I’m delighted (actually, I’m as proud as punch) to announce that the first of my columns for Stage Screen & Radio – the quarterly magazine of BECTU, the media and entertainment union and a sector of Prospect – is now available. In it, I boldly propose to an audience composed substantially of creative professionals that numbers make the world go round before concluding that, after all, perhaps it is time to say hello to a world based on creative abstraction.
BECTU members – we think the content of Stage Screen & Radio is so good that it should be privileged for those who pay their membership subscriptions each month – can download the magazine here (after logging in). I’m on page 26. Happy reading!
Not had the time to post anything over the last couple of weeks, what with work, SEER Journal, Christmas shopping (and wrapping!) and a housewarming (today…) for which, among other things, invitations need to be made and people invited, cider mulled and playlists drawn up, tested and adjusted.
So, here in place of a post is a photo I snapped a couple of weeks back (on 19 November) from my kitchen door steps of some oystercatchers, and a few redshank, seemingly anxiously waiting for the tide to recede a bit:
Delighted to have taken delivery this morning of these little beauties, courtesy of moo.com. Not only is the quality of the finish (even) better than described, they arrived beautifully packaged, complete with high-quality embossed card box to keep them in, be-ribboned and ‘wax’-sealed. Top stuff, moo.
And – they do what they say. If you’re reading this and could do with some quality, original research or word-smithery: well, the details are deliberately obscured (this is the internet, after all) but I’d be delighted to hear from you via the contact form on this website, which you can find in the links in the sidebar to the left, or otherwise here. I’m a specialist in public policy research, and in organisational development and employee engagement; but I’m a versatile, flexible researcher with a range of interests and an ability to apply research techniques in a wide variety of research contexts, and in a balanced, independent and objective way. Get in touch!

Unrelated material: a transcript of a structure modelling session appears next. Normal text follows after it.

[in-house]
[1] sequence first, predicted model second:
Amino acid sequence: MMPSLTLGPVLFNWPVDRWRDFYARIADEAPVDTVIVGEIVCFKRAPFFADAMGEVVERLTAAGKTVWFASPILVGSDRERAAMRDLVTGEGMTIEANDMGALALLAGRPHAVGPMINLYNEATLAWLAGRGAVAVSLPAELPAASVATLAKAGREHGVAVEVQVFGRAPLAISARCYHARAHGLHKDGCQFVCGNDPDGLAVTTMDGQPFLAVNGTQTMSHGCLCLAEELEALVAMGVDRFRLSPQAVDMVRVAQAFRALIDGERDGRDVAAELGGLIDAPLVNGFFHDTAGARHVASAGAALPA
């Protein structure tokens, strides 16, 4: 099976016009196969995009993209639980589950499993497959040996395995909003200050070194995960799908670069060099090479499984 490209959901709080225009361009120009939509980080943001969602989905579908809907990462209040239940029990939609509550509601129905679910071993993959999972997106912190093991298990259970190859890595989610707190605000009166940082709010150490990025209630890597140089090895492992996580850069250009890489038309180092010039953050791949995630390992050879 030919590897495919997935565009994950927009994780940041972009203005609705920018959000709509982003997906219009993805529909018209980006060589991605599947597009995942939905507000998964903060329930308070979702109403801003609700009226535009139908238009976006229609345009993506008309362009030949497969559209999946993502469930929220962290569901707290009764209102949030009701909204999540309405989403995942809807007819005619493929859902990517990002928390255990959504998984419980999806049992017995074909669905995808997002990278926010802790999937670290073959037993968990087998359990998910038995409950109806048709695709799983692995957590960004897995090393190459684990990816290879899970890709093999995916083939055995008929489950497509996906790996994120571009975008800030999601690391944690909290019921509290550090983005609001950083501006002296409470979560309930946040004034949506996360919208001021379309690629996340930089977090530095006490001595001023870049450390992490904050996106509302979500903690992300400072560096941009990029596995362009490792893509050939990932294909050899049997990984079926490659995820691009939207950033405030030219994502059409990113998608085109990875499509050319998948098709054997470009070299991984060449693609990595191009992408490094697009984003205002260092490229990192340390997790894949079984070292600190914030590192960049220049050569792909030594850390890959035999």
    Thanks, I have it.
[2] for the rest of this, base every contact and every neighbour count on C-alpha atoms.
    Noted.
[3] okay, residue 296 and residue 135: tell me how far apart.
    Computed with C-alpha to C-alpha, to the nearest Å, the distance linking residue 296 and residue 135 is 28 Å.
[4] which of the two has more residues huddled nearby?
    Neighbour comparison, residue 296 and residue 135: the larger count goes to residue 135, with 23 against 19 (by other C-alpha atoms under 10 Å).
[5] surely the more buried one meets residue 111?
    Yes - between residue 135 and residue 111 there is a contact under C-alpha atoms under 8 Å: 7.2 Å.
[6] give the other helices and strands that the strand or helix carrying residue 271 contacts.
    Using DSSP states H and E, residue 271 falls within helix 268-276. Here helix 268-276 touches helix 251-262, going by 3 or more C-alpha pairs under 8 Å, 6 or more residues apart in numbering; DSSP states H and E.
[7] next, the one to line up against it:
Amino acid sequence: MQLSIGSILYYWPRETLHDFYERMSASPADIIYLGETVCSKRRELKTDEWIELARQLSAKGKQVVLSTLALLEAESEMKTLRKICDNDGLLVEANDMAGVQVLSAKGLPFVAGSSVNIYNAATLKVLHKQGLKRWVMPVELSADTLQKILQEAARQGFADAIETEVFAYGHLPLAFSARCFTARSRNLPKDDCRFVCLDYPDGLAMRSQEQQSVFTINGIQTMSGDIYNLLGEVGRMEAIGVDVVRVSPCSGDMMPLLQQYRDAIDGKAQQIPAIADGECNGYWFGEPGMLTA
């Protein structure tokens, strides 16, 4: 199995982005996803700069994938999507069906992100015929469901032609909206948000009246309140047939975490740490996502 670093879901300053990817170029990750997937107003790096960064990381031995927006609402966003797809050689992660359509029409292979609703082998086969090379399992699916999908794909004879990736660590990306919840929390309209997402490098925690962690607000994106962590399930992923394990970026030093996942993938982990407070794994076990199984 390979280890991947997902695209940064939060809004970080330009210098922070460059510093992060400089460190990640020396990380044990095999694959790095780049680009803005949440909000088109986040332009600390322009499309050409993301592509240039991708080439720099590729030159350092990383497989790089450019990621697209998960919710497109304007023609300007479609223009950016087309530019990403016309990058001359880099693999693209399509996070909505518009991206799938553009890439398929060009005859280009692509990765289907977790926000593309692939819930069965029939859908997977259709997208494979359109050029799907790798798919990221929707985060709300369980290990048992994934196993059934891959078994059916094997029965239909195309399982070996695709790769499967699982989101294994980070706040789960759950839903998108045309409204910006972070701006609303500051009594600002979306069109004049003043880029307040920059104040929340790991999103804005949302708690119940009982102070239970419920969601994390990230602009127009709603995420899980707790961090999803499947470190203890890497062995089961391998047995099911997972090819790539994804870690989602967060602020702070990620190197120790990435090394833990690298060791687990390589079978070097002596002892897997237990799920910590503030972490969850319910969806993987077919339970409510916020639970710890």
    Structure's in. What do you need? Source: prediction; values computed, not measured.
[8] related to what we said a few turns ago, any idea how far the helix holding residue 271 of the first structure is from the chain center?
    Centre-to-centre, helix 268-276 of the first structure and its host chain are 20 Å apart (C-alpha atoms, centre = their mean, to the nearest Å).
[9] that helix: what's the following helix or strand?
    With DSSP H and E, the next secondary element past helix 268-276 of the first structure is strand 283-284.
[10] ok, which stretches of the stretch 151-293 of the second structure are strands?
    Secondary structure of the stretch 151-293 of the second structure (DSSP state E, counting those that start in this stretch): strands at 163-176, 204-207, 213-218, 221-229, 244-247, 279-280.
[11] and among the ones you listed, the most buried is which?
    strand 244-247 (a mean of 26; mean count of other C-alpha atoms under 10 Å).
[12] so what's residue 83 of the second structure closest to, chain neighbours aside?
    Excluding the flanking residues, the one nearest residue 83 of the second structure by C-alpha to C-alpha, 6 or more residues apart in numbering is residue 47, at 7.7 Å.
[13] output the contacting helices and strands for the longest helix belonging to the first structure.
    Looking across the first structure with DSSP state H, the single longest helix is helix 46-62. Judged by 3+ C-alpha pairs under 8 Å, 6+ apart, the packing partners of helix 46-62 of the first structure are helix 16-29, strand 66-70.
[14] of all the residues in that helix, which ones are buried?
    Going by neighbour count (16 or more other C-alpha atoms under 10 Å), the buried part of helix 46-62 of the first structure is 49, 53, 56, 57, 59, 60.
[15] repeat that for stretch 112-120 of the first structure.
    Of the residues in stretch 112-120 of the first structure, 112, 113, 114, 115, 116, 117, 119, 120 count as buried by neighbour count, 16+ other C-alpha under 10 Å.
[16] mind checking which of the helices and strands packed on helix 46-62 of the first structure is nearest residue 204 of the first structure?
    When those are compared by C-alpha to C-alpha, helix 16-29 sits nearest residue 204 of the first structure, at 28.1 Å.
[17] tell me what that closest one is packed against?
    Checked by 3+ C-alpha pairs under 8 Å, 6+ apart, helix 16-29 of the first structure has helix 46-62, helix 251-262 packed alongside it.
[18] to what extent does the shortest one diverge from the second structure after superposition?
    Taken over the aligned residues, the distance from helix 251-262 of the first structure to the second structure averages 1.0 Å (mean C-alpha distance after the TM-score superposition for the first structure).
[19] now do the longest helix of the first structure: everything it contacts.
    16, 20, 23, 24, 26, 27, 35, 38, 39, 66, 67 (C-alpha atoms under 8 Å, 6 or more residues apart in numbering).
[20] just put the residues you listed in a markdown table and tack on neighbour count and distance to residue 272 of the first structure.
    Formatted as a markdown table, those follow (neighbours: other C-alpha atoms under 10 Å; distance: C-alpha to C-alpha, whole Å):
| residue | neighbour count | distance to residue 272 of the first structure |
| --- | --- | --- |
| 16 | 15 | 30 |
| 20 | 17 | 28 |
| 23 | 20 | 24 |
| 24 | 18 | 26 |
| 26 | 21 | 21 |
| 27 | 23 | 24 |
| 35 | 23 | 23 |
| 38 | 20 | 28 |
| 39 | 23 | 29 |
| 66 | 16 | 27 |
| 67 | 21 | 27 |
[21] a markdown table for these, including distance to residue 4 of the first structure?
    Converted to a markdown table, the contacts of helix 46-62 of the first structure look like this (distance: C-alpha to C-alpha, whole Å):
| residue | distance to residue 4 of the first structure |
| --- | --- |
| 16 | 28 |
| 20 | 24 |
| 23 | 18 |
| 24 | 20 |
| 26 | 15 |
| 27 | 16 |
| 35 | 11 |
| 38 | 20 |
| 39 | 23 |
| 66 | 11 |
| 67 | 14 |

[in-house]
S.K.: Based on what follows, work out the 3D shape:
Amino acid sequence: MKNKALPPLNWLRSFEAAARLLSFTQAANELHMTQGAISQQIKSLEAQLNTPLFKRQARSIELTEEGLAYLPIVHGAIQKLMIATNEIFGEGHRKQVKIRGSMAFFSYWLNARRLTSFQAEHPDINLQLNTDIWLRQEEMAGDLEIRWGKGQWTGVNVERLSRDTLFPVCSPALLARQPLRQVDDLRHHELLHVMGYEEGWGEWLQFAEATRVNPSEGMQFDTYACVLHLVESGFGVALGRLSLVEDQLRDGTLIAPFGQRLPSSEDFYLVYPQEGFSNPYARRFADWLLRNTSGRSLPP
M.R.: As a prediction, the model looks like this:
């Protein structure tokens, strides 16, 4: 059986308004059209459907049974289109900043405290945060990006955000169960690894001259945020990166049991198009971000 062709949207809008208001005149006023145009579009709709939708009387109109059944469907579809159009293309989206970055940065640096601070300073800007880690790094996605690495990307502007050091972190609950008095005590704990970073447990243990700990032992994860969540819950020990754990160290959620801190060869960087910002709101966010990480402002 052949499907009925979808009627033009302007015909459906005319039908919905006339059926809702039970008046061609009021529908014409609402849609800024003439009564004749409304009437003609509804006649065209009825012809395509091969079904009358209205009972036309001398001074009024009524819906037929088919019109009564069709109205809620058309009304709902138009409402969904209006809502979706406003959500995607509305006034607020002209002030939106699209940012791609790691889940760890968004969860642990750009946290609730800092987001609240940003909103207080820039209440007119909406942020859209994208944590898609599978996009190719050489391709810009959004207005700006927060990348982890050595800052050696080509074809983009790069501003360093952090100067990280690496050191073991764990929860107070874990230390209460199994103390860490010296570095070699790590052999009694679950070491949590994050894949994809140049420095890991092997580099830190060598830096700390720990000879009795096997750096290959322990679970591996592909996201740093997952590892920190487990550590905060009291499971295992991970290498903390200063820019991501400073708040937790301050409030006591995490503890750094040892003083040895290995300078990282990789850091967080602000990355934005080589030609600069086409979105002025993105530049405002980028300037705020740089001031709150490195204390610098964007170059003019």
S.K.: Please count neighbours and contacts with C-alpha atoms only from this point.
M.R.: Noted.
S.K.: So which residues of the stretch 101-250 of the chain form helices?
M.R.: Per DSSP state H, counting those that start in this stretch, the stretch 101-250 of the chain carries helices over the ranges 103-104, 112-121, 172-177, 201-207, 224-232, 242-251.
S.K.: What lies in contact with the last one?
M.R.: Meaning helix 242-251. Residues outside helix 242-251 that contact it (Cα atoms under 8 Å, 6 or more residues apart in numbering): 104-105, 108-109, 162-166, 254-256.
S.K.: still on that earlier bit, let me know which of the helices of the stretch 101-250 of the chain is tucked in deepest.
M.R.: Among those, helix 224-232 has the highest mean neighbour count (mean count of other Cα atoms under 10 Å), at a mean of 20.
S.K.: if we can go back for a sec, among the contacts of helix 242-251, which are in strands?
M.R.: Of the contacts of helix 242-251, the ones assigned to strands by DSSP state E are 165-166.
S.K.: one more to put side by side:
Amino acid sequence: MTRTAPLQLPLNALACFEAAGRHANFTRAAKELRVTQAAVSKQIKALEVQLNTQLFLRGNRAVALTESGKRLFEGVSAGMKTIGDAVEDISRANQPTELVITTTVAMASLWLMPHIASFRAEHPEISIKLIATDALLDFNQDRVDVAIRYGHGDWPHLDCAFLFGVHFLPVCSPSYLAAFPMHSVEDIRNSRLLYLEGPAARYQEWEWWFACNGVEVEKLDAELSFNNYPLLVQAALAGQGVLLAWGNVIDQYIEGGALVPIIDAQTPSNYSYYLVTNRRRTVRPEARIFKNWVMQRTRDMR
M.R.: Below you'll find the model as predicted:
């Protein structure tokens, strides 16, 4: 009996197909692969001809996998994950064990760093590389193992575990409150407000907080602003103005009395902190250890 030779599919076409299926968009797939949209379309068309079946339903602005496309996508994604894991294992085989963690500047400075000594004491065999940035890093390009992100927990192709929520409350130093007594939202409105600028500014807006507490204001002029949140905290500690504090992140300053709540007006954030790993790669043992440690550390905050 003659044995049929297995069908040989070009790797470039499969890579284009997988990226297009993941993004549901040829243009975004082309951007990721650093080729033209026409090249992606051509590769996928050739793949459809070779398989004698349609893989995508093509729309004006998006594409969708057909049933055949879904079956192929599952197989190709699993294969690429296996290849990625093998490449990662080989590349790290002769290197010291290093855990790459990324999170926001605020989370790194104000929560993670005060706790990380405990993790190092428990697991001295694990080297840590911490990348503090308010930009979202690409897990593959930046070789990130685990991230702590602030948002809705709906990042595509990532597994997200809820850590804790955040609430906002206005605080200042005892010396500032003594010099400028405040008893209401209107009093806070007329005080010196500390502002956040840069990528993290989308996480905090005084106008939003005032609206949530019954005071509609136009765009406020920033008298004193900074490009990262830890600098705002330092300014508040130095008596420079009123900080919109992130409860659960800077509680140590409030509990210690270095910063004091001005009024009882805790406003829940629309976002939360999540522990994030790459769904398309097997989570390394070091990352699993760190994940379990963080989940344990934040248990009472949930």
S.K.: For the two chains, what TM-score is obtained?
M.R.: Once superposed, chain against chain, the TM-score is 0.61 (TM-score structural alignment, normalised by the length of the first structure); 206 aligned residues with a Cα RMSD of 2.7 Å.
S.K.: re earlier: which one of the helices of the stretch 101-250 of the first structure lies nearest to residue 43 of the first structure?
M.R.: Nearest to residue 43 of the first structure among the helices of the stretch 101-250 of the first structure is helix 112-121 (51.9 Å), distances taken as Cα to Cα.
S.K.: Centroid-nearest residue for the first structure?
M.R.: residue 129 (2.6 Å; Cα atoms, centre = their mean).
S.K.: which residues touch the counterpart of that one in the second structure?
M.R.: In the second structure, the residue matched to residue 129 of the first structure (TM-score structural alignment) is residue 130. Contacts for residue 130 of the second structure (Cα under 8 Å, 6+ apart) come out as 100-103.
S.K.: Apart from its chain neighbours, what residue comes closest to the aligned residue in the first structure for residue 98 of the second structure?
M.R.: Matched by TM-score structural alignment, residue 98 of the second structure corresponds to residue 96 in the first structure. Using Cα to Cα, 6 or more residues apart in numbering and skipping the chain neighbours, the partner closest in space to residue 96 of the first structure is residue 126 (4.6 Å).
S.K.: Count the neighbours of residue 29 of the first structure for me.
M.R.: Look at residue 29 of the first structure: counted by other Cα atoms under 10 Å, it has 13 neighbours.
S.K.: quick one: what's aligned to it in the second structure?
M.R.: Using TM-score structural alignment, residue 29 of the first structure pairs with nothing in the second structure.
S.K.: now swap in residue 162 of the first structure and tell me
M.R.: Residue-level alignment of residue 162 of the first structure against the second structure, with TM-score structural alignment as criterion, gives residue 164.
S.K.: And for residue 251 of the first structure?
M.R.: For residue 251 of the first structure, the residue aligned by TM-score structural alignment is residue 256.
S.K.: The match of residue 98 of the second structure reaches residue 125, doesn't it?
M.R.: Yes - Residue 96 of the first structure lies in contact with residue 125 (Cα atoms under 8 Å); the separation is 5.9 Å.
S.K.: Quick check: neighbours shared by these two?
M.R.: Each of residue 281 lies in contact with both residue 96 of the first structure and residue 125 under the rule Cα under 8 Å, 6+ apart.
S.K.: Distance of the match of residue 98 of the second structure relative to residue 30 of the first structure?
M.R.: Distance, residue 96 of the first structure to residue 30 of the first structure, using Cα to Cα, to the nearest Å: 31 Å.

Inbox brings me news that I have some language editing work coming my way (essentially, making sure that the thoughts of writers for whom English is a second (or even third) language are properly expressed, linguistically and grammatically, and with decent syntax). Working with language and with forms of expression is something that I have been doing for over twenty years, not least with the regular, and continuing, issues of the SEER Journal for Labour and Social Affairs in Eastern Europe, and undertaking a course in philology is something I have been considering for quite some time, even prior to my decision to move to Uist.
What’s coming is a quite substantial project (a book of twelve chapters) and it will be my first engagement as a freelancer. After a summer of re-learning long-forgotten DIY skills as regards our new house (which is indeed still standing), it’s exciting to have (paid) work again: but also, after a break of three months away from formal employment, it’s just a little bit daunting, too.
At least the office desk painstakingly brought over from the mainland and carefully erected in our office is going to be used. As indeed is the office itself. I just need to work out how many hours/days it’s going to take me to copy-edit 98,000 words. Now, where’s that piece of string gone?